I wanted to take this Kommandment in a different direction. Instead of speaking on a controversial matter within the sport or breaking down a particular fight card, I wanted to give an ode to a fighter who I truly think deserves it. He has a fight coming up later this month and he is the consummate professional. That fighter is Gilbert Melendez. At one point, I didn't think he got the credit he deserved, but now I think he gets the credit he deserves. I think on Sherdog, he's ranked #1 and I think MMA Weekly has him ranked #3, so I think he's broke that barrier of being recognized. What he doesn't get is the spotlight.
I don't think there is enough spotlight out here because he fights for Strikeforce and not the UFC. A lot of people believe that until you have fought in the UFC, you're not the top dog. I think in his case, it's more of the spotlight and him not being able to build his name outside of the hardcore base. But he's defending his title on September 29th against Pat Healy and he fights the people that they put in front of him. If they put somebody else in front of him, then he would fight somebody else. He doesn't get to choose who he fights. The truth of the matter is in MMA, the fighter has some say, but ultimately it's up to the promoter who they are gonna fight because the structure is different from boxing where a promoter signs a whole bunch of lightweights and they have some internal progression and the sanctioning bodies rank these guys and there is a ladder to be climbed as well. In MMA, whoever moves up into that contingency is the guy who Gilbert will have to face as long as he is the champion in Strikeforce. I don't know that he has much of a choice.
That's just how this industry is built. You hear guys voice their opinions as to who they want to fight and don't want to fight, but ultimately, they end up fighting who they tell them to fight. Sometimes you will see a fighter say, "I don't want to fight this guy; I want to fight that guy because I think that guy deserves it more." And if that fight makes more sense, you will get a promoter who will jump on that bandwagon and be like, "That's what the fans asked for and that's what they get." That's bullshit. It's just that that fight made more sense. So Gil is going to fight Pat Healy and then they will either bring somebody else in to Strikeforce or sign some prospect, get him a fight, and then have them fight Gil. Or they might promote from within. They have the kid who is fighting Josh Thomson; his name is Caros Fodor, he knocked out Wilcox and now he's going to fight Thomson. I think that is a good test for him and if he ends up beating Thomson, he might end up fighting for a title or whatever, but I don't think it's going to be up to Gil much.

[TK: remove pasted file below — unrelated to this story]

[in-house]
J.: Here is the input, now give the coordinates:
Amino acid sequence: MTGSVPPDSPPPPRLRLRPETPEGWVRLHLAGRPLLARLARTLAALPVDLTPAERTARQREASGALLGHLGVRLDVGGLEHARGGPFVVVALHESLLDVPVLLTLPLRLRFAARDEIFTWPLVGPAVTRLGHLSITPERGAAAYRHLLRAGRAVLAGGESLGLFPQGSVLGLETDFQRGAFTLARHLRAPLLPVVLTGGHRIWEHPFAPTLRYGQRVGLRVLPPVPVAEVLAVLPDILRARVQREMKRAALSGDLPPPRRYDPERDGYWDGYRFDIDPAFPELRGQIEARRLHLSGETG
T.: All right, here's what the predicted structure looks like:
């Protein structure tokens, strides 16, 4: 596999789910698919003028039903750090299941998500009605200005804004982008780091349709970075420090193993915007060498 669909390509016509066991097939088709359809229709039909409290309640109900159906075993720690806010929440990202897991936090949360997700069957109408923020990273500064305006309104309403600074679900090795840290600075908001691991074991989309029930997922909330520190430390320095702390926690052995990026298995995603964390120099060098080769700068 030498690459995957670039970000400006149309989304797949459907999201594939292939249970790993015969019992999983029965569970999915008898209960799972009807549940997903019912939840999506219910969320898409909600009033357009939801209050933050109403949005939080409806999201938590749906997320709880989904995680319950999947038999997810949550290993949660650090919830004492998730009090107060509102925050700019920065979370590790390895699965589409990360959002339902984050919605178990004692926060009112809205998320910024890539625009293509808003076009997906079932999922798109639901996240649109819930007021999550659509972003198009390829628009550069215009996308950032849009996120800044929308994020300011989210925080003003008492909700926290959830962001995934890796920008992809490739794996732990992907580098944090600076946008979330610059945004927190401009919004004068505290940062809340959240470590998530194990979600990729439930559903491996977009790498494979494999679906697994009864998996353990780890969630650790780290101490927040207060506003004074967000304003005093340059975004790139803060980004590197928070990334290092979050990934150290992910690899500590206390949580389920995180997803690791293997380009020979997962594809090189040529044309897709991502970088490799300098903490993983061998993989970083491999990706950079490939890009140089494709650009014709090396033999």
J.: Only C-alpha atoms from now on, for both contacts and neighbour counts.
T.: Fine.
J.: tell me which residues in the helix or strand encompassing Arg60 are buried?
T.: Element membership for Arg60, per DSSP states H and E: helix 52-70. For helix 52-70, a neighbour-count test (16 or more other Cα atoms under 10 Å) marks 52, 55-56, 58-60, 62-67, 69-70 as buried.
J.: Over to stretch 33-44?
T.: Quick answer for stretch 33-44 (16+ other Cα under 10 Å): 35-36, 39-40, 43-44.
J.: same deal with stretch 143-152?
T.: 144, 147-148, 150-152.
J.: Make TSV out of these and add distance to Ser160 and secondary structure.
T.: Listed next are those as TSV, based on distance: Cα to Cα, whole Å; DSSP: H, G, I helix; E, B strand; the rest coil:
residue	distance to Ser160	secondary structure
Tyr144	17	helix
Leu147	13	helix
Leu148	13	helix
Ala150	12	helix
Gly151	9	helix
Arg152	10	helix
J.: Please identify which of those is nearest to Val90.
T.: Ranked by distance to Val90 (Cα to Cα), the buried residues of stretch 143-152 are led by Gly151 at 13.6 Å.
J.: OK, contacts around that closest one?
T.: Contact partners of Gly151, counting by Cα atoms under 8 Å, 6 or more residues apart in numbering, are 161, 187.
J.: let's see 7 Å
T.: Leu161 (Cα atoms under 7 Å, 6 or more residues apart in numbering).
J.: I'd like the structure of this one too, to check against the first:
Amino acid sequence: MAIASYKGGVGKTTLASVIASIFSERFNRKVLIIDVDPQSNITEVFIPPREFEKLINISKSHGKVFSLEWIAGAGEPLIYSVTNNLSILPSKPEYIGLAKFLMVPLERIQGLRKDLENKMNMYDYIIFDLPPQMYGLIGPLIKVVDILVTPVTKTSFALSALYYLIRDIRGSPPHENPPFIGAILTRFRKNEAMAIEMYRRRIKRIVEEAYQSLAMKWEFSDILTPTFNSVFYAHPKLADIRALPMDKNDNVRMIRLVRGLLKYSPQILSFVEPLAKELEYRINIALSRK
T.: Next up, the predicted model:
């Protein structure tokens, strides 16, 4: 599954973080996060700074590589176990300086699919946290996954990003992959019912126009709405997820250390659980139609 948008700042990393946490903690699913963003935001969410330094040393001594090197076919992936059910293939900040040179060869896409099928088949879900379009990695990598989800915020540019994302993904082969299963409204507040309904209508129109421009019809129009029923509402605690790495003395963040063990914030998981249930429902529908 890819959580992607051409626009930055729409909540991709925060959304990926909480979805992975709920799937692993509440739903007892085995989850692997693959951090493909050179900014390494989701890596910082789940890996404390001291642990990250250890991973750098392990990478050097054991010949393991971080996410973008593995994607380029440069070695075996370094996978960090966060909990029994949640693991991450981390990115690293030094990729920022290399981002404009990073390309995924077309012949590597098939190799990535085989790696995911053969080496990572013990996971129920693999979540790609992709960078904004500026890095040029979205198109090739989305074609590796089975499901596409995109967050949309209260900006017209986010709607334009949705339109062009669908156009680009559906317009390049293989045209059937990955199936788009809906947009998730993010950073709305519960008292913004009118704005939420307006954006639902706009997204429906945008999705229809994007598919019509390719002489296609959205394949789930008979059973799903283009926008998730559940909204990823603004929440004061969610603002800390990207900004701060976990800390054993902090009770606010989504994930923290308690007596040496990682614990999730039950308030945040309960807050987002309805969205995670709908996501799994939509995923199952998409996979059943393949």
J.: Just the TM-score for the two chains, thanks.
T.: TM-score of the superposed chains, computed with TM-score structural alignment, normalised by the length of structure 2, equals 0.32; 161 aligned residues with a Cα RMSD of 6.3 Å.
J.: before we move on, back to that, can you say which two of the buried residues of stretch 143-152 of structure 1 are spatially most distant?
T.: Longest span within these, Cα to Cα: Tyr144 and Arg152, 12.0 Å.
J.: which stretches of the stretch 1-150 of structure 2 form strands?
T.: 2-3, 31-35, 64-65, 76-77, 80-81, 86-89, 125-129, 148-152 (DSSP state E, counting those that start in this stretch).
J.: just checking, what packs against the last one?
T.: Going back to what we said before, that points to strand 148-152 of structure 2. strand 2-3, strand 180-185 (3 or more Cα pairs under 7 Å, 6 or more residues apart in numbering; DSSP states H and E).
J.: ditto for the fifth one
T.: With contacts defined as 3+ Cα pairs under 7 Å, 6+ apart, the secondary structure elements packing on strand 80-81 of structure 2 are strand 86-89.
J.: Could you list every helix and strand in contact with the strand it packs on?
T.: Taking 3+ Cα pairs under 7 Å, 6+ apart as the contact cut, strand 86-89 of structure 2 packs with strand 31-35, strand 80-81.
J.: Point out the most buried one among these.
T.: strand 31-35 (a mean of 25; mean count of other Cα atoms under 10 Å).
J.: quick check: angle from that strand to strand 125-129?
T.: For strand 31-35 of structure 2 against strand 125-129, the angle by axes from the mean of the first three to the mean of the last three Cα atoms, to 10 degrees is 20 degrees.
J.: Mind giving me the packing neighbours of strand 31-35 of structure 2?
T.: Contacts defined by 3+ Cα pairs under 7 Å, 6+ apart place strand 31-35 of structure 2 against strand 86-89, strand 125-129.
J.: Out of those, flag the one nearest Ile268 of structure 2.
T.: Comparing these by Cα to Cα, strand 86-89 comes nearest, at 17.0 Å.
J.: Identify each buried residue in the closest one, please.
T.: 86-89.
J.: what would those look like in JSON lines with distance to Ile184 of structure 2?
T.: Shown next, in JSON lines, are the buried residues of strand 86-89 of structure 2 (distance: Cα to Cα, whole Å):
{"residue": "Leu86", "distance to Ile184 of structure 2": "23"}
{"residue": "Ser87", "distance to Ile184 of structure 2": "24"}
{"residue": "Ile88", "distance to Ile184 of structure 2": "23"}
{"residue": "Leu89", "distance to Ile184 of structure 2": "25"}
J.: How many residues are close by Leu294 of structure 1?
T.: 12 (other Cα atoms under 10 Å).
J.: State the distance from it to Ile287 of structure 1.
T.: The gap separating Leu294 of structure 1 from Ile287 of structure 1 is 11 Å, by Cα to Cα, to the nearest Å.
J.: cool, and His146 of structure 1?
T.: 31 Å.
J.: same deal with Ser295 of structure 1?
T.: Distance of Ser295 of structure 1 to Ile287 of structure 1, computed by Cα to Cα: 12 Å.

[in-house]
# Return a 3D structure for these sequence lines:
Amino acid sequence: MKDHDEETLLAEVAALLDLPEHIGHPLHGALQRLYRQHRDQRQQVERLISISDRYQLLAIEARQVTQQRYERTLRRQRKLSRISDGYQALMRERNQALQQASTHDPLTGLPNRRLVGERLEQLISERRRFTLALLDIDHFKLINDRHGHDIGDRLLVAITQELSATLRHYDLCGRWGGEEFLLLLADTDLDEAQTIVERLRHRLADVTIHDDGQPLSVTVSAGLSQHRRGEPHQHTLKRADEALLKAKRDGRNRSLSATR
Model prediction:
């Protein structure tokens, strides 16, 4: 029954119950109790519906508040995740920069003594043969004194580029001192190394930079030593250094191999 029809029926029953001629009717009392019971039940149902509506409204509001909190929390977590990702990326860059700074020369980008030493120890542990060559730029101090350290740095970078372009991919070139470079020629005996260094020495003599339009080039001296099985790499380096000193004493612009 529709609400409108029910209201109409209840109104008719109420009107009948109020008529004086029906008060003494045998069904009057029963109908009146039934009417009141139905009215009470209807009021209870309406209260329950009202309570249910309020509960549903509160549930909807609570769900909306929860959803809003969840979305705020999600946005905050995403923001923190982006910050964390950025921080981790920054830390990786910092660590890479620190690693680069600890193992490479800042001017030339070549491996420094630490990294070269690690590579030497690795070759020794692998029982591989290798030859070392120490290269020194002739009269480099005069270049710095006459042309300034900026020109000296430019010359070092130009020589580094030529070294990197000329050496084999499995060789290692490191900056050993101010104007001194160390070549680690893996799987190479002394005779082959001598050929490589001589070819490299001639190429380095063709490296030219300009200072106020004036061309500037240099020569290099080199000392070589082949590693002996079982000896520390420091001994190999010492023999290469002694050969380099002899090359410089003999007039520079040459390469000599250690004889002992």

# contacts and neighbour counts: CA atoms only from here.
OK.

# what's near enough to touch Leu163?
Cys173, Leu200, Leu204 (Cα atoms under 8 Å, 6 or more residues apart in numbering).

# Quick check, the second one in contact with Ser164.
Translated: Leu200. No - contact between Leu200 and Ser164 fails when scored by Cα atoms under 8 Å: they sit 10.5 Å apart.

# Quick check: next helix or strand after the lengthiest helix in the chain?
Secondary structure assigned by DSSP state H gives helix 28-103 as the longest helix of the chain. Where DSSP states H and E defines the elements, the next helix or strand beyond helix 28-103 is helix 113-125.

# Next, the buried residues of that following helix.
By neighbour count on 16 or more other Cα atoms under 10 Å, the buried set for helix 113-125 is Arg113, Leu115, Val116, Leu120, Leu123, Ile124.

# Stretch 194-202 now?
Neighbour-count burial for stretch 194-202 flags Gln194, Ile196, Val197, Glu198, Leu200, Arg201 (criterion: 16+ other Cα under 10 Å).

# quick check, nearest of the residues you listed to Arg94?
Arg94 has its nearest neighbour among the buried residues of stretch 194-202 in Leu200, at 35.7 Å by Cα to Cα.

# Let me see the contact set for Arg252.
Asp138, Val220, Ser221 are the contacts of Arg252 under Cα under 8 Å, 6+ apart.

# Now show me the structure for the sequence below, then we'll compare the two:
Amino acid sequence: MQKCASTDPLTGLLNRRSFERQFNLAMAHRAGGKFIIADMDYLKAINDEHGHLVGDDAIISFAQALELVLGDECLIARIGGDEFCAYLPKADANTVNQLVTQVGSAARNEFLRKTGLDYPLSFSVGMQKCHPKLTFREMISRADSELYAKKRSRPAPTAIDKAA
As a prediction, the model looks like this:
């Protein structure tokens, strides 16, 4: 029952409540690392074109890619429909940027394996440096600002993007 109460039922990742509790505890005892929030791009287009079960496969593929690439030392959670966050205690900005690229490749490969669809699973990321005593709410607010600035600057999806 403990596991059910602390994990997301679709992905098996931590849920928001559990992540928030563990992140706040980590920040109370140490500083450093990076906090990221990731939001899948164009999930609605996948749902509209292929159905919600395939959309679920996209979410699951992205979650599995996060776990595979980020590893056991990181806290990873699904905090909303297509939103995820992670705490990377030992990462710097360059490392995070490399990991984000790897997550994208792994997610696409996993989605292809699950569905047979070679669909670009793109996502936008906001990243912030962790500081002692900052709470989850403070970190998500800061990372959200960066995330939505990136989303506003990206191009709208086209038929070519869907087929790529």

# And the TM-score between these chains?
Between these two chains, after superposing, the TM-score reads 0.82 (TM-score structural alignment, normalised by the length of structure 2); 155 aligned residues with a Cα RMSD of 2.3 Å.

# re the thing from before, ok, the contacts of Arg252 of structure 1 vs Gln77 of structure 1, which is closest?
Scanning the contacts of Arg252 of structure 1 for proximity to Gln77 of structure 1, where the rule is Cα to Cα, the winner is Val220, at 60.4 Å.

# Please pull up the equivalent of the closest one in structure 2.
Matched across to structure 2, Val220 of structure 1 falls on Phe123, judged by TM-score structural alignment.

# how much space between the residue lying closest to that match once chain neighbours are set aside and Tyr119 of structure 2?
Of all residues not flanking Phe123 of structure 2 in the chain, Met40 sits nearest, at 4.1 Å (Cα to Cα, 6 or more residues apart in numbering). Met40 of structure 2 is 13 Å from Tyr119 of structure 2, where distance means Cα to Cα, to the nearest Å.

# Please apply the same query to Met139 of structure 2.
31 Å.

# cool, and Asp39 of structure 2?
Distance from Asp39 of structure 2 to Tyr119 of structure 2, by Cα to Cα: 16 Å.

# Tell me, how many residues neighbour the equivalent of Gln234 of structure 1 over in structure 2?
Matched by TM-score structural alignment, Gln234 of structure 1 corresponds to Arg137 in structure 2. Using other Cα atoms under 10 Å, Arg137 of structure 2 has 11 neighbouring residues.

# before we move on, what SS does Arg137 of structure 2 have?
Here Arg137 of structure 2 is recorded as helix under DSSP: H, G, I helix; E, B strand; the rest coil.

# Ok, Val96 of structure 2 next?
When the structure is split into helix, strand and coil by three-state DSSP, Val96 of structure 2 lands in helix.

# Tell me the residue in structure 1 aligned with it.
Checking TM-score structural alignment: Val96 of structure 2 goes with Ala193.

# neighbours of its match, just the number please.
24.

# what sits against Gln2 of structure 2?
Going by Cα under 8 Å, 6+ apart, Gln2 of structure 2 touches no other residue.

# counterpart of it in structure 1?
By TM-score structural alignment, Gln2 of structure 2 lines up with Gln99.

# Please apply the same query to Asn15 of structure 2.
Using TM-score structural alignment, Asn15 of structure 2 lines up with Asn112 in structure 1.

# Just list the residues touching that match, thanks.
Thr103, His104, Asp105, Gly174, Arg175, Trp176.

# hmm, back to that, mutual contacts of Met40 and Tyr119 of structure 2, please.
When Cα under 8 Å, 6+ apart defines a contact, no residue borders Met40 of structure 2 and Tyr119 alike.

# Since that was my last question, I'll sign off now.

From a skillset standpoint, I think Gilbert Melendez can compete with any lightweight in the world. I call Gilbert Melendez the Barry Sanders of MMA because he's great at what he does, but he's just part of a team that's not going to get anywhere. It's the same situation Barry Sanders was in when he was with the Lions. He could run and break all of the records and get us all excited to watch, but he was just part of a team that wasn't going to go anywhere. I think he just wanted out of that organization not because he didn't like the team, but he wanted to compete for a ring. That's what Gil's situation is. Gil wants to go to the UFC not because it's the UFC, but because that's supposed to be the granddaddy of the sport and that's where the best guys are supposedly fighting and he wants to be able to prove to the fans that he belongs with the elite and that he can hang with any one of them and get the title. So I think it's more of a personal thing.
You look at it from a business standpoint and you look at it from an achievement standpoint. From a business standpoint, Gilbert Melendez is making a lot of money fighting in Strikeforce; a lot of money. If you look at fighting from an achievement standpoint, which doesn't necessarily equal to what's right business-wise, he wants to go to the UFC and capture that title so he can know that he's been to the top and he's fought the top guys and he beat 'em. And that's the dilemma that he's in and I think he's slowly found peace in what's going on. It's like, "I'm here and I will just keep beating people."